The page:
Category Archives: Letizia Del Gobbo

The Departure of Heroes

Antonio Del Gobbo on his ninety-second birthday
Marino Palmoni is interviewed by Italian historian Filippo Ieranò (left) and Ian McCarthy (not shown), 2010

My father, American Sgt. Armie Hill, was a prisoner of war in P.G. 59 Servigliano during the Second World War.

He escaped from the camp in September 1943, shortly after Italy signed the armistice with the Allies. Although the Italian government had capitulated, much of Italy was still held by the Germans. Escapees from prison camps across central and northern Italy found themselves on the run in enemy-occupied territory—and were at the mercy of local Italians for protection.

The Italians themselves were divided between fascists, who cooperated with the Germans, and partisans, who fought for liberation of their country. Rural laborers and farmers, the contadini, were faced with an ethical dilemma when ragged POWs turned up at their doorsteps asking for food, shelter, or directions. 

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A Haven in Smerillo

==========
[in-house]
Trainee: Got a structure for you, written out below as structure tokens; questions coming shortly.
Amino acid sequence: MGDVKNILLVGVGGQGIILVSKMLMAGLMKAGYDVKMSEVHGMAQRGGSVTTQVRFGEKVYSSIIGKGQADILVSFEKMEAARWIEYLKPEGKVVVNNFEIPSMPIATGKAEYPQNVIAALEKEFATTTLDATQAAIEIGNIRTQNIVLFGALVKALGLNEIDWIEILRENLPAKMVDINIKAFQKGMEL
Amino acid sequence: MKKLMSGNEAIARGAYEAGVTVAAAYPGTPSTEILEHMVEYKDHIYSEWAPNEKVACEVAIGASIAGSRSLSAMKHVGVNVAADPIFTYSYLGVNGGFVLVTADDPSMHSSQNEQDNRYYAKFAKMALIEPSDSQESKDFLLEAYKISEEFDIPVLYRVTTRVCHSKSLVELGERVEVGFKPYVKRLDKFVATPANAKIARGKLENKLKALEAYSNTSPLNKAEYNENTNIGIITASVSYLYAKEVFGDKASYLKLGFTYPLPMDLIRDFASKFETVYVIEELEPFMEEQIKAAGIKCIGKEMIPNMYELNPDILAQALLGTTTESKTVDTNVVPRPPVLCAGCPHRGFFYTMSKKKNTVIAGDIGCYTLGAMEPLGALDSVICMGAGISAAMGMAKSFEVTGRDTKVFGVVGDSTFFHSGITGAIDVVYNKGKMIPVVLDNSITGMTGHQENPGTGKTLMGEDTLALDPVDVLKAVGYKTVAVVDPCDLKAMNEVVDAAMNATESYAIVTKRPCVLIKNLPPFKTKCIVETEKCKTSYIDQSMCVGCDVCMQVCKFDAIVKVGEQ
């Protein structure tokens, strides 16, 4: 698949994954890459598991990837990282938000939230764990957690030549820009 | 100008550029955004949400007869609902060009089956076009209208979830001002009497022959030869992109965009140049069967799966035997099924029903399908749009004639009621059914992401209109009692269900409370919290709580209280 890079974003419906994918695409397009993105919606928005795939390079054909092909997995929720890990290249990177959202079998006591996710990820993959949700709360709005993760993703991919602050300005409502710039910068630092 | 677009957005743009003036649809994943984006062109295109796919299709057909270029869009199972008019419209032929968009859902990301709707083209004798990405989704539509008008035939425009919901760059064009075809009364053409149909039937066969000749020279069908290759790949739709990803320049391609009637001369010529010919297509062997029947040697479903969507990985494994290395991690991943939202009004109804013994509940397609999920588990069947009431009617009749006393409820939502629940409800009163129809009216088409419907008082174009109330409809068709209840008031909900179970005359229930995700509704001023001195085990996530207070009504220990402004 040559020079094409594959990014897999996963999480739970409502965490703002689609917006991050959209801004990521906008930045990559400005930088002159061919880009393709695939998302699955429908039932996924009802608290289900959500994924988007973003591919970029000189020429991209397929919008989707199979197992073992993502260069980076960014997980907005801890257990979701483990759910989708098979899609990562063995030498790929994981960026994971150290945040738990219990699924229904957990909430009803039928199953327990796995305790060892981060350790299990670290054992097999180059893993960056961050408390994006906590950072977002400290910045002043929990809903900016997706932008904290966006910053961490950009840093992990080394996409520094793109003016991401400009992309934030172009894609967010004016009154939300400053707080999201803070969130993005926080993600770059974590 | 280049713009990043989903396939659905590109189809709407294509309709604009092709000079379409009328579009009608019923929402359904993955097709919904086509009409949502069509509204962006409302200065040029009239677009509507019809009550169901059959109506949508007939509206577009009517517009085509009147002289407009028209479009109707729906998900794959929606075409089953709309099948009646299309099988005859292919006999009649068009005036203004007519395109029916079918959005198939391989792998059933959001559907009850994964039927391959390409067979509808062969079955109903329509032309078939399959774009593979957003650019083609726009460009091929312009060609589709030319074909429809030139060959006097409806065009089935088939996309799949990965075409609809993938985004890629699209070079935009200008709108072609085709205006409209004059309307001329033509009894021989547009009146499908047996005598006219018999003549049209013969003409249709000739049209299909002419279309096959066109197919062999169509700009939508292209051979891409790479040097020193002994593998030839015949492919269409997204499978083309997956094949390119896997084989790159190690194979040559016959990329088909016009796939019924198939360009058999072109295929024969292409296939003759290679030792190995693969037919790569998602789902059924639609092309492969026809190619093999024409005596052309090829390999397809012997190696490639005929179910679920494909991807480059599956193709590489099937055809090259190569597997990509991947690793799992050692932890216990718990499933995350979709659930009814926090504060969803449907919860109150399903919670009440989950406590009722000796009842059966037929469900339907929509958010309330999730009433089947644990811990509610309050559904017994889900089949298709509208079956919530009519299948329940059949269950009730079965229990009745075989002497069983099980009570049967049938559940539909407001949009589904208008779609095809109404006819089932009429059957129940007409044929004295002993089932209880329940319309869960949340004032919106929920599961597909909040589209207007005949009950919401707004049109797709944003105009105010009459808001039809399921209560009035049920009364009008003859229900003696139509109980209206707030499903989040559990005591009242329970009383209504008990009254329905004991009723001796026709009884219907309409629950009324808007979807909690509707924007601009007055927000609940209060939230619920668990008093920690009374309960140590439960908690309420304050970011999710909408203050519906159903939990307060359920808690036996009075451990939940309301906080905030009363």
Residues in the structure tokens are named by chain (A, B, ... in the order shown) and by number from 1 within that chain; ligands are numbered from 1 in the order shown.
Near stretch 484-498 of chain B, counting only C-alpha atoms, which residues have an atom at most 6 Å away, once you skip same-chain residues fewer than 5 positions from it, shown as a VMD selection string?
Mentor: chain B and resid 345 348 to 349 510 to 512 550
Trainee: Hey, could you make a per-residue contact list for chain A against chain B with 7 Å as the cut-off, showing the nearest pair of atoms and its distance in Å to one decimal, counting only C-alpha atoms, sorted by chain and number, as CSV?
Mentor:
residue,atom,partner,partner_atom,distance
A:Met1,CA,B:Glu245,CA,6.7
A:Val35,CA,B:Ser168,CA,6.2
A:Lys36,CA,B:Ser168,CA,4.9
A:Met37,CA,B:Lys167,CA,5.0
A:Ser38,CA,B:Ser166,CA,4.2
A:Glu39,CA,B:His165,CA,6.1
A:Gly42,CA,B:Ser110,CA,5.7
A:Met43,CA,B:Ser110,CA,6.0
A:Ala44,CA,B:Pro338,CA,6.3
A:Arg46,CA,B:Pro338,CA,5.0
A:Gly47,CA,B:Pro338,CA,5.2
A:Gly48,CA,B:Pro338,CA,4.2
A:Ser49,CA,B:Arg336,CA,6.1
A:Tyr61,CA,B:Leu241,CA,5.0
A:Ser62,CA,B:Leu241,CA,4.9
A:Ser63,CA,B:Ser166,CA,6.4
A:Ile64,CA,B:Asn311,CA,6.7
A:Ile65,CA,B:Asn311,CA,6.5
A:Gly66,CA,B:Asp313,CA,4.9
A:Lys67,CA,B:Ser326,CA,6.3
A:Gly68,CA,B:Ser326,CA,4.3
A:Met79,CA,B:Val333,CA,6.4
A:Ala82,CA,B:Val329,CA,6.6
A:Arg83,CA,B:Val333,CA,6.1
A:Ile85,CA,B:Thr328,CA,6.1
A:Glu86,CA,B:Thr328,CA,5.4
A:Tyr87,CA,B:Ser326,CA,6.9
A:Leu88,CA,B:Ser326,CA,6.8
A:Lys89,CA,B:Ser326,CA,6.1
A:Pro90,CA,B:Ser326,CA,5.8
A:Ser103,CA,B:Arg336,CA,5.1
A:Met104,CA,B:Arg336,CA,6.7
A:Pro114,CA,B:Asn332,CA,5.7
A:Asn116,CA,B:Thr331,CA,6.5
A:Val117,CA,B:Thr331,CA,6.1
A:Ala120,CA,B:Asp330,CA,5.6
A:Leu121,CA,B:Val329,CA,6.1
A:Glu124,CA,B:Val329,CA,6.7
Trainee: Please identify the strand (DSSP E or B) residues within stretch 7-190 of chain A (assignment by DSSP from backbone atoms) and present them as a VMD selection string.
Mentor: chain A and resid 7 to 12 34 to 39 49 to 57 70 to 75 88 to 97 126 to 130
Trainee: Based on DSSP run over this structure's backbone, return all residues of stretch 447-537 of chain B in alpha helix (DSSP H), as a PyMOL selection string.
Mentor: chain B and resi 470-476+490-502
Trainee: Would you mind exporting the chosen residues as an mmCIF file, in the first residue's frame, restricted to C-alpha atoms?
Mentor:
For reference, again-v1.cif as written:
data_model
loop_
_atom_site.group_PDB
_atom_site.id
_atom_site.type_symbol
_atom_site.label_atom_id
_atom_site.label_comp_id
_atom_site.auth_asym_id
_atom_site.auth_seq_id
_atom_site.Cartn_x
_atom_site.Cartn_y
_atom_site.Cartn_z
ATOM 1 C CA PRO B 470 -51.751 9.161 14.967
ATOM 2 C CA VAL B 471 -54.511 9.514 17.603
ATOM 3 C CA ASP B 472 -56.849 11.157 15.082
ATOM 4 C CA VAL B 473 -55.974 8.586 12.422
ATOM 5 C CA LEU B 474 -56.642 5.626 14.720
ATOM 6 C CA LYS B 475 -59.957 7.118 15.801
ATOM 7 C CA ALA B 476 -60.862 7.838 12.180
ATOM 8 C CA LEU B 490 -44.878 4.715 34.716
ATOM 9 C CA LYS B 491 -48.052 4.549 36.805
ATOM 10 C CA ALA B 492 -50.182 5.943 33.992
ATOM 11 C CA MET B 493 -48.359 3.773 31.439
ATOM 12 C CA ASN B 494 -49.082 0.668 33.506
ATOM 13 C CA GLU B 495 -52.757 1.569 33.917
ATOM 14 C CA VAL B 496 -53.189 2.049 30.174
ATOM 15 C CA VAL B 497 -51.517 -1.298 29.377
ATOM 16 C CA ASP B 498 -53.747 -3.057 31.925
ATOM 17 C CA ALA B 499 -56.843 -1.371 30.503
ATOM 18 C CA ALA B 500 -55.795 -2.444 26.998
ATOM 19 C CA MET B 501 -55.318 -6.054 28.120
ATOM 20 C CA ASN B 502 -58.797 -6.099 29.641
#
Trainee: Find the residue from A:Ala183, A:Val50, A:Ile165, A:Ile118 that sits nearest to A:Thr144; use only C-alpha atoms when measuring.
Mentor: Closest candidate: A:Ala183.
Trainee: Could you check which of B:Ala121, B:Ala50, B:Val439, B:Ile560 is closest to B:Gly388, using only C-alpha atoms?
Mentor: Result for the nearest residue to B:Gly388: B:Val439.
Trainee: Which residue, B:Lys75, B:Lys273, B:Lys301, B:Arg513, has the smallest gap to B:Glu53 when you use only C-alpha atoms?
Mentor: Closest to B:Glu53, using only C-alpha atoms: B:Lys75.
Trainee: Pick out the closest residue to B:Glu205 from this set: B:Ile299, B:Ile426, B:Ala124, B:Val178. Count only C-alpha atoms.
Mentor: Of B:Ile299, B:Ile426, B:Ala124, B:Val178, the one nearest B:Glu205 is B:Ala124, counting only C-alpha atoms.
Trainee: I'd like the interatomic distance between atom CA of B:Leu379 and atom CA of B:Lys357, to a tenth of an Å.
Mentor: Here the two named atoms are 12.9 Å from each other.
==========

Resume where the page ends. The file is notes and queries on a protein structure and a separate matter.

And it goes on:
an old Italian woman carries a bundle of sticks on her head

Letizia Galiè in Del Gobbo

This story has a remarkable heroine—Letizia Galiè in Del Gobbo, who lived during the war in the Marche comune of Smerillo, roughly 10 miles from Servigliano. Days after the prison camp breakout from P.G. 59, she was approached by two ragged, hungry American soldiers.

Widowed just seven years earlier, Letizia was left alone to provide for and raise six children. Yet she did not hesitate to welcome the escapees into her home.

Marco Ercoli shared the story of his grandmother’s courage and humanity with me.

He wrote, “My grandmother, Letizia Del Gobbo, hosted in Smerillo two American prisoners escaped from Camp 59 in Servigliano. She remembered just their names: Michele, whose his parents were Italian emigrants, and Beo.

“They arrived in Smerillo on September 1943 and remained there until June 1944, when the U.S. Army moved into the Marche region.

“The family Del Gobbo in 1943 was made up of my grandmother Letizia, widowed in 1936, and three sons—Antonio, Giacomo, and Giuseppe—and three daughters—Maria, Chiarina, and Palma (my mother). Antonio had lost a leg in 1940, when he was 17, and they were very poor.

“Yet they had the strength to host—at great risk—the two Americans.

“Only Antonio, 96 years old, lives still in Smerillo. The others have all died.

“Two years ago, Ian McCarthy [of La Casa della Memoria] gave him a filmed interview.” Also, Pasquale Ricci, an Italian with an interest in the escape stories, has written about the Del Gobbo family in his book 9 Settembre 1943: Lo Sbando e La Fuga.

“I am writing a short story about the experience,” Marco said. “When I finish it, I will send you an English version. And I’ll send you photos of Antonio (called Ntontò) and my grandmother Letizia (“nonna Litì”).

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